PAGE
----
on friday - the muslim day of rest - i set off for dubai with two trusty companions. they are Lovisa Bjorkman, from the Swedish International Theatre Institute in Stockholm, and Meher Awachri, a writer and performer from Tunis. They are excellent company (Meher's headscarf below is a joke - he borrowed it from a 16 year old white kid - our hostess's son - and upon seeing his reflection said, "Man - i look ARAB!")
we've been invited to visit a friend of mine from a thousand years ago - Jill Rosenberg. Jill and i trained in musical theatre together (seriously) at the Banff School of Fine Arts in the 80s. She's now married with a family, and living in Dubai, and has been kind enough to be our hostess for the day.
we are picked up by Shan - a driver from India, who has been in UAE for many years. we set out across the desert. it takes about 2 hours. we speak about theatre and religion and the modern world. like one does in a car full of such varied people in the desert. and then we see the science fiction city rising up along the coast.
it is good to escape the resort hotel dynamic, and go somewhere else. and dubai is definitely somewhere else.
jill is a great host. she and her husband john (another Canadian) have a beautiful house.
we, of course, go to the mall. dubai seems to exist for shopping, and the dubai mall is enormous and shiny and packed with shoppers. there is also a GIANT aquarium - complete with sharks, and an olympic sized ice rink. for the canadian nationalists in the crowd, there's a tim horton's AND a second cup.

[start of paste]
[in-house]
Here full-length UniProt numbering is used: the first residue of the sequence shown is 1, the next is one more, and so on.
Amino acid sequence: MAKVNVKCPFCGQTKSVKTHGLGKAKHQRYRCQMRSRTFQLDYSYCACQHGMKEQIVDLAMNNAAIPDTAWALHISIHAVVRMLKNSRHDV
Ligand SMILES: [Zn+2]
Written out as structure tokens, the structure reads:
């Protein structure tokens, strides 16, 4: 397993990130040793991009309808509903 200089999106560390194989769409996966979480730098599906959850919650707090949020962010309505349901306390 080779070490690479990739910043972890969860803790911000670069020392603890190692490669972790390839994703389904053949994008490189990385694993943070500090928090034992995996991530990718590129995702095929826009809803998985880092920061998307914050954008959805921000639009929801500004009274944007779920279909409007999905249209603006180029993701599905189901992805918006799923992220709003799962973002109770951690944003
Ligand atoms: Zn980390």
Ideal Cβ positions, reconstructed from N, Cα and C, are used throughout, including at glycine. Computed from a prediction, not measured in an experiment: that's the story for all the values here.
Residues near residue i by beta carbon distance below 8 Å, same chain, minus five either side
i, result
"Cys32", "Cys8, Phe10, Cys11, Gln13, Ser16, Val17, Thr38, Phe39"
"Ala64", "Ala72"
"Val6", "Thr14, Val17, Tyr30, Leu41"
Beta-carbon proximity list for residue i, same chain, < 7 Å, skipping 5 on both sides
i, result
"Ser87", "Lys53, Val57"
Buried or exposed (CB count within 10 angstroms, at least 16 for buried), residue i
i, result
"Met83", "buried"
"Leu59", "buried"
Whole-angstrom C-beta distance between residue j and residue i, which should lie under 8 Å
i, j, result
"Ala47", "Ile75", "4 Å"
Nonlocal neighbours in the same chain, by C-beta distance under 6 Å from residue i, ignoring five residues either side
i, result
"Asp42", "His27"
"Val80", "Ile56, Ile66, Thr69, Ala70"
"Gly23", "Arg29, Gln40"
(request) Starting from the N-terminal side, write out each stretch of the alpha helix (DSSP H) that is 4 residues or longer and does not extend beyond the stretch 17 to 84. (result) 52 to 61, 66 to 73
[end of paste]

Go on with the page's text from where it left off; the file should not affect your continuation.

the Burj Khalifa - the world's tallest building - is immediately outside and is both impressive and beautiful. we don't go up, because it is sold out (and costs a lot anyway). so we take some photos, and have some lunch.
after lunch we head over to a district called the Creek - where there is much shipping/trade with points east. here we see the port culture in full swing - with labourers moving around on water taxis, and many iterations of the Dhow style of boat building. we wandered around a market maze packed with Indians and Pakistanis and Afghans selling t-shirts and dishes and carpets and electronics, etc etc. there is also a replica area where some old buildings have been reproduced.
finally, we meet up with Jill's husband and some friends (an architect from the USA and an interior designer from Iran) have a drink on the 24th floor of something tall, with an amazing view out into the gulf.
it's a fun day.
The overall impression of Dubai is newness. The building is all new. The city is spotless (they replace the flowers along the highways frequently to always have different colours). And there doesn't seem to be much to do, other than shop and drive and be fabulous (if you are emirati) or work (if you are a foreign labourer). i have never been in a place quite like it.
and then we journey back across the desert to fujairah, and the monodrama festival we have ducked out of for the day...